Here is our new naming convention, which addresses the shortcomings of our current convention while still attempting to address the same concerns.
The name of the primary key is __ID. This still brings the primary key to the top of the list for easier use in the relationship graph, but rather than P for “Primary”, it’s called ID, which users and other developers can more easily understand. As mentioned earlier, we also made the auto-entry a calculation that derives the TLA from the table name and appends a uuid, so the developer doesn’t need to modify this in every new table. As before, the primary key has the same name in every table.
Foreign key fields are named as they were before, with an underscore followed by a TLA (or, if you don’t want to use three-letter acronyms, you can just use the related table name).
Earlier, we made an exception for key fields, so that they don’t follow the pattern of other fields, in the interest of getting them to the top of an alphabetized list and making them easy to find and use. In our new naming convention, we made a few other exceptions for specific fields that we often found ourselves scrolling for in a list.
:Description is now the calculated description of the record, replacing the old D_lt_Primary. The name is easier to understand, and the colon brings it toward the top of the list, right under the keys, so that it’s easy to grab when you want to show the description of a related record on a layout.
:Active is the flag indicating a record is active. It auto-enters a 1. The user can uncheck the field to take the record out of value lists and such. As developers, we can easily script searches to only find active records, or have relationships relate only to active records.
For some fields, it is more important to have like fields listed together than it is to make them readable. For these, we will now prefix the field name with a special character. The special characters will be less of a distraction than the former purpose and type codes, but still group these fields together in a list.
| – (pipe character) for fields that are about the record itself, and not the data in that record, such as creation and modification information
@ – Fields that are only used on layouts, as part of the user interface
Some of the field types are best addressed by including specific words in the field name itself, rather than adding any special characters or codes. The name of the type is (or can be) a natural part of the field name.
Dates, Times, Timestamps and Global fields should include “date”, “time”, “timesamp” and/or “global” in the field name.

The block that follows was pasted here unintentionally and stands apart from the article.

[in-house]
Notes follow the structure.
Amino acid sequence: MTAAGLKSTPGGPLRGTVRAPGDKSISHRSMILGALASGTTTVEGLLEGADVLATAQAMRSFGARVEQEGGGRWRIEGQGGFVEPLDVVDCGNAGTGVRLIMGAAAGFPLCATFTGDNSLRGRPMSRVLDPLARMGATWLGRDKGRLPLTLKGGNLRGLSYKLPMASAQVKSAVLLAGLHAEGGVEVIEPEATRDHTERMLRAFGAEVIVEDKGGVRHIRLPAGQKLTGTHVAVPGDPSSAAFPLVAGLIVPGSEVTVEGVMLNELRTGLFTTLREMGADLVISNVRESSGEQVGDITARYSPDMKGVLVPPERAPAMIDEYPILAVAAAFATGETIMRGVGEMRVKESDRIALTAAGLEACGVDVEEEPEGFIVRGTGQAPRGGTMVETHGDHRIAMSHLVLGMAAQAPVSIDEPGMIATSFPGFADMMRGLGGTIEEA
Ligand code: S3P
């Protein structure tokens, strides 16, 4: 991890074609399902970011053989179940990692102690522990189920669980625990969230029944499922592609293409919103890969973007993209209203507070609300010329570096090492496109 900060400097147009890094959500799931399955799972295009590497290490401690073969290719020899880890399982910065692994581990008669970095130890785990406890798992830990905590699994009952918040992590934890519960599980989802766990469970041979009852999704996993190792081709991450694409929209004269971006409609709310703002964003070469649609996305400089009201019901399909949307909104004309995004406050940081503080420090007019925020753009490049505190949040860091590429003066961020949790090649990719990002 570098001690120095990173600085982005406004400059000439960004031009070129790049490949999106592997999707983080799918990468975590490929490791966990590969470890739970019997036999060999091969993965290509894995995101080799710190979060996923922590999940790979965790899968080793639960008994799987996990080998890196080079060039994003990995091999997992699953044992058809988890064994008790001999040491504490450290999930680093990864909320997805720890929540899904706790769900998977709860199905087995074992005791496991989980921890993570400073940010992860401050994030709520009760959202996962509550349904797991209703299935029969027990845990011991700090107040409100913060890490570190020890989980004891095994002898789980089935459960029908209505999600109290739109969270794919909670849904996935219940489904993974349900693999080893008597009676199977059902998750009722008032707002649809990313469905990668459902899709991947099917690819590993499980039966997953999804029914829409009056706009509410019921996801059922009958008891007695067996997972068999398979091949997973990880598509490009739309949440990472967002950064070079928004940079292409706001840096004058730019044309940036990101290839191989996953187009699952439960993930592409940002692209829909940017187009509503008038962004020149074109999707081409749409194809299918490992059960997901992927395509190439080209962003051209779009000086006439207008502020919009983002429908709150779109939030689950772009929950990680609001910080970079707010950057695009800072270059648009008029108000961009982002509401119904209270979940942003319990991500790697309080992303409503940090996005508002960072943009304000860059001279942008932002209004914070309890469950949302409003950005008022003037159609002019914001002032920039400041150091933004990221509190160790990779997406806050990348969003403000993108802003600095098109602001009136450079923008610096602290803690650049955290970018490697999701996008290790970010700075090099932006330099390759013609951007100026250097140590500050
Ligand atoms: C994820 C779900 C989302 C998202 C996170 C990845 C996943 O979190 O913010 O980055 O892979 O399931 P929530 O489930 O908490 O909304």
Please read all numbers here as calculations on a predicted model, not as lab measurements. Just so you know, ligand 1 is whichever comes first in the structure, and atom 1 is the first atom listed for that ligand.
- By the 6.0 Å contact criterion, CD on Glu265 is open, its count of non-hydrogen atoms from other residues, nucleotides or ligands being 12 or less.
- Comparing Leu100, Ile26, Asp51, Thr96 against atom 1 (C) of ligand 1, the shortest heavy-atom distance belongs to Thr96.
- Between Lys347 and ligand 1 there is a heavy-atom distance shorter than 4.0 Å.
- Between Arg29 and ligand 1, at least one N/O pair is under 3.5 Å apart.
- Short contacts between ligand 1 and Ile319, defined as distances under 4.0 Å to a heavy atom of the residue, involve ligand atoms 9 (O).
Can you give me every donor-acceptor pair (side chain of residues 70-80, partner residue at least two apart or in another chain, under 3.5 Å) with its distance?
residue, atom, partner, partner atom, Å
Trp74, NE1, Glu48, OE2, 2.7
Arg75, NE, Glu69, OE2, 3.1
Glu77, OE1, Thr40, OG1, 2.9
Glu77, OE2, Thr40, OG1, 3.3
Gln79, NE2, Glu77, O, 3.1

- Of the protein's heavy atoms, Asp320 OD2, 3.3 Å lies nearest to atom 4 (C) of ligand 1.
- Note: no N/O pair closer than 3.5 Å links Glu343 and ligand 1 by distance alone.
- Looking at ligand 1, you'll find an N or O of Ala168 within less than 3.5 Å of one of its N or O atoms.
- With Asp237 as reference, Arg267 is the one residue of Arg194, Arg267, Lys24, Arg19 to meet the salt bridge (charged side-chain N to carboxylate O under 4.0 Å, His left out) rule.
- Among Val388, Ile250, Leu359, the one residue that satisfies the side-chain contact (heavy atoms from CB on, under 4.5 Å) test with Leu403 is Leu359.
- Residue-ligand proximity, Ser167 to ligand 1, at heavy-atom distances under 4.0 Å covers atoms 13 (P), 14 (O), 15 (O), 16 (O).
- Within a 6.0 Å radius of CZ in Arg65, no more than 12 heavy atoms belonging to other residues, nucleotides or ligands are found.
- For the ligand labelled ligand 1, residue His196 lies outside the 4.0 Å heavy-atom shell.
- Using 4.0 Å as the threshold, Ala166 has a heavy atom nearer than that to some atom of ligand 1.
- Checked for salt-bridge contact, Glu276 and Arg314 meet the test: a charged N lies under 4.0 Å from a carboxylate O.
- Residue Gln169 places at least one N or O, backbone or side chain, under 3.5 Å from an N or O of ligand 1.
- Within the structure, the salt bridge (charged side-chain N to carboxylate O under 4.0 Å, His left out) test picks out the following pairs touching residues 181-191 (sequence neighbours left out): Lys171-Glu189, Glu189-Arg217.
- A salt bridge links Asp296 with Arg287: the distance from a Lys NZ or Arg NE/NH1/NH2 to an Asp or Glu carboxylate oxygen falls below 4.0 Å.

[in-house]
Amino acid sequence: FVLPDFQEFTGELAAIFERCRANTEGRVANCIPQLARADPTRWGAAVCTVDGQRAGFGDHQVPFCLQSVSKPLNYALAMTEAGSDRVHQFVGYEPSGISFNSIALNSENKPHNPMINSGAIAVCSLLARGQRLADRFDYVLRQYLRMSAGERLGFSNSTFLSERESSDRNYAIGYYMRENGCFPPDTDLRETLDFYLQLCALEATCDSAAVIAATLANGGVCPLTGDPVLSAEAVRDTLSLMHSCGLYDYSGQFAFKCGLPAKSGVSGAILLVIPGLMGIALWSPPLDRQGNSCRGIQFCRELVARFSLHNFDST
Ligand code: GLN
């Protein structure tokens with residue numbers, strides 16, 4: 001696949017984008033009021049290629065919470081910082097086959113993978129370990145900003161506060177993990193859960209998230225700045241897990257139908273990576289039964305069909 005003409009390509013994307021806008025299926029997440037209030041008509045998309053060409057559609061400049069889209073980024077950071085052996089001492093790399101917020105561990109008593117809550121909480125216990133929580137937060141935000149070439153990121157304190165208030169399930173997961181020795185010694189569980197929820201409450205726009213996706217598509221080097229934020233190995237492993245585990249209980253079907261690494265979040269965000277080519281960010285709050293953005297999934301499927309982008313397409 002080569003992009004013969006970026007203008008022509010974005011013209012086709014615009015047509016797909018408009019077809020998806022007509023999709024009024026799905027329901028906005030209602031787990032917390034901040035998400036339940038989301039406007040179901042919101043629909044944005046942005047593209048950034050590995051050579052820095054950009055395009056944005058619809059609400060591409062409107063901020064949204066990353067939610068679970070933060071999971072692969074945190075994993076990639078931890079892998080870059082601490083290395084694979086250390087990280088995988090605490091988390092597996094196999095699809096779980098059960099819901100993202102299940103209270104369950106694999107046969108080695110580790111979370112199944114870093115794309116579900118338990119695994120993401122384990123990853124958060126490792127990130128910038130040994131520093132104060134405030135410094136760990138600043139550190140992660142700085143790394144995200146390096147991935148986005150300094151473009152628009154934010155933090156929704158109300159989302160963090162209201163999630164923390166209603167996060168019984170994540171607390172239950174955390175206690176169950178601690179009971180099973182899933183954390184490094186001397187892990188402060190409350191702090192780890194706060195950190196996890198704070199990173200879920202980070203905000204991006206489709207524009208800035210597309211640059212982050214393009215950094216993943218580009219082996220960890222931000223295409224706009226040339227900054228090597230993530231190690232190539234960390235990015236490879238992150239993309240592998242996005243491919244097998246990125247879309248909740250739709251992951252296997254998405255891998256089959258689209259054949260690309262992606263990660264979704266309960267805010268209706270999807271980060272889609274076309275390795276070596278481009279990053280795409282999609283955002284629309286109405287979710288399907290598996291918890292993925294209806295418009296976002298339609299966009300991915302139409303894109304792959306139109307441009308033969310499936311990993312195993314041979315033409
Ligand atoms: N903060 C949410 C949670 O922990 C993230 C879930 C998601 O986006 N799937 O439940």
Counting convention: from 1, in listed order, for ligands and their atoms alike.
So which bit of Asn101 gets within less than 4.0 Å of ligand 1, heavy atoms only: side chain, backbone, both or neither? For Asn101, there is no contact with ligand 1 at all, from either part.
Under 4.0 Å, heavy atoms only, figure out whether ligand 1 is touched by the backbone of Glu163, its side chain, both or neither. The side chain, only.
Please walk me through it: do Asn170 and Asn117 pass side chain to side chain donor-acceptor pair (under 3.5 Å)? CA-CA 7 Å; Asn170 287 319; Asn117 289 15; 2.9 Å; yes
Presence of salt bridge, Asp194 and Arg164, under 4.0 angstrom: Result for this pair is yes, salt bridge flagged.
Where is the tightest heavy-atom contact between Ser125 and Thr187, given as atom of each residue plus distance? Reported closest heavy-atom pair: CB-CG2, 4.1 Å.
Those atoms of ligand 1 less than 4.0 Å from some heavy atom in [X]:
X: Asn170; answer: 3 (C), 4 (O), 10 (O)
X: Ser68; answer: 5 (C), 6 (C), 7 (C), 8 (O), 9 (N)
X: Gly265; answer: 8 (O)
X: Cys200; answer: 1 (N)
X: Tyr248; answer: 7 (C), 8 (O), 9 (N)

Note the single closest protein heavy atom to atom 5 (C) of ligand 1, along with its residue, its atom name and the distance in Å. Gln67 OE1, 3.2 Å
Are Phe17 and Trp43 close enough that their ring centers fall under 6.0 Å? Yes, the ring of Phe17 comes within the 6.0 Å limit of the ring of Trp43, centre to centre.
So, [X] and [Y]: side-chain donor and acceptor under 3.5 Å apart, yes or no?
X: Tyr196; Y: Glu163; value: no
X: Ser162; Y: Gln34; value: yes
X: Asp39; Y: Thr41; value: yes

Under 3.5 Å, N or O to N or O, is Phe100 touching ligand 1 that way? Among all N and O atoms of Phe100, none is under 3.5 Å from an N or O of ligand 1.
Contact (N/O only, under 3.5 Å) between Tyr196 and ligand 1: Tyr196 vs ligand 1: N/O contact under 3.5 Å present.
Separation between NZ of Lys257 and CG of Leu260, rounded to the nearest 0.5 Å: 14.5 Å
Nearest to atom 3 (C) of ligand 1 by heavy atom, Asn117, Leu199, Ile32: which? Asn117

Container fields should include the word “file” in the field name.
The developer needs to be able to spot some other types and purposes by just looking at the field name, but some of these types and purposes feel unnatural as additional words in the field name, and shouldn’t affect sort order like Prefixes do. The following special characters should be appended to the field name, where applicable, in the following order:
? – Boolean flag
# – Number field, or field with a numeric result
~ – Calculated field
! – Summary Fields
Thus, a field for whether a rental tenant has pets might be called “Pets?”. A calculated field, which will be 1 or 0 depending on whether something is completed, might be called “Completed?#~”.
Examples from the template table
Examples will again be useful to help you understand the practical application of the naming convention. To that end, here are fields that you would find in our “ZZZ__Template” table. (Again, I’ve added a few extra just for better illustration of the convention, and removed a few that are xBase-specific and would require a long and distracting explanation.)
Note also how the order has changed. The fields a developer commonly uses are all up at the top, and they are also not mixed in with the fields a user would commonly be using for sorting and exporting. Also keep in mind that with both these functions, a user will start out looking at fields on the current layout, so not all of these developer-specific fields are likely to be included in the list they’d see by default.
- __ID – The Primary key, which auto-enters the table TLA and a serial number.( In our current template table, this field is called “__P_change_me” so that developers remember to change the TLA in the serial number entry. In our new version, this won’t need to be updated, since it’s an auto-entry calculation that derives the TLA from the table name and appends a UUID.)
- _1 – A calculated field equal to 1. This is often useful for relationships to flagged records
- _CON – (not actually applicable to a template) This would be the foreign key to relate to a Contact
- :Active – A Boolean number field, which auto-enters 1, indicating that the record is active. A user can uncheck this field to keep the record from showing up in standard searches, value-lists and such.
- :Description – A calculated field (which needs to be calculated for each table once fields are added) that a user can look at to have an idea of what the record is about.
- @Btn_Cancel_file– A calculated container showing a cancel button. The calculation equals a graphic stored in our System table, but only when a cancel button is relevant to the current view.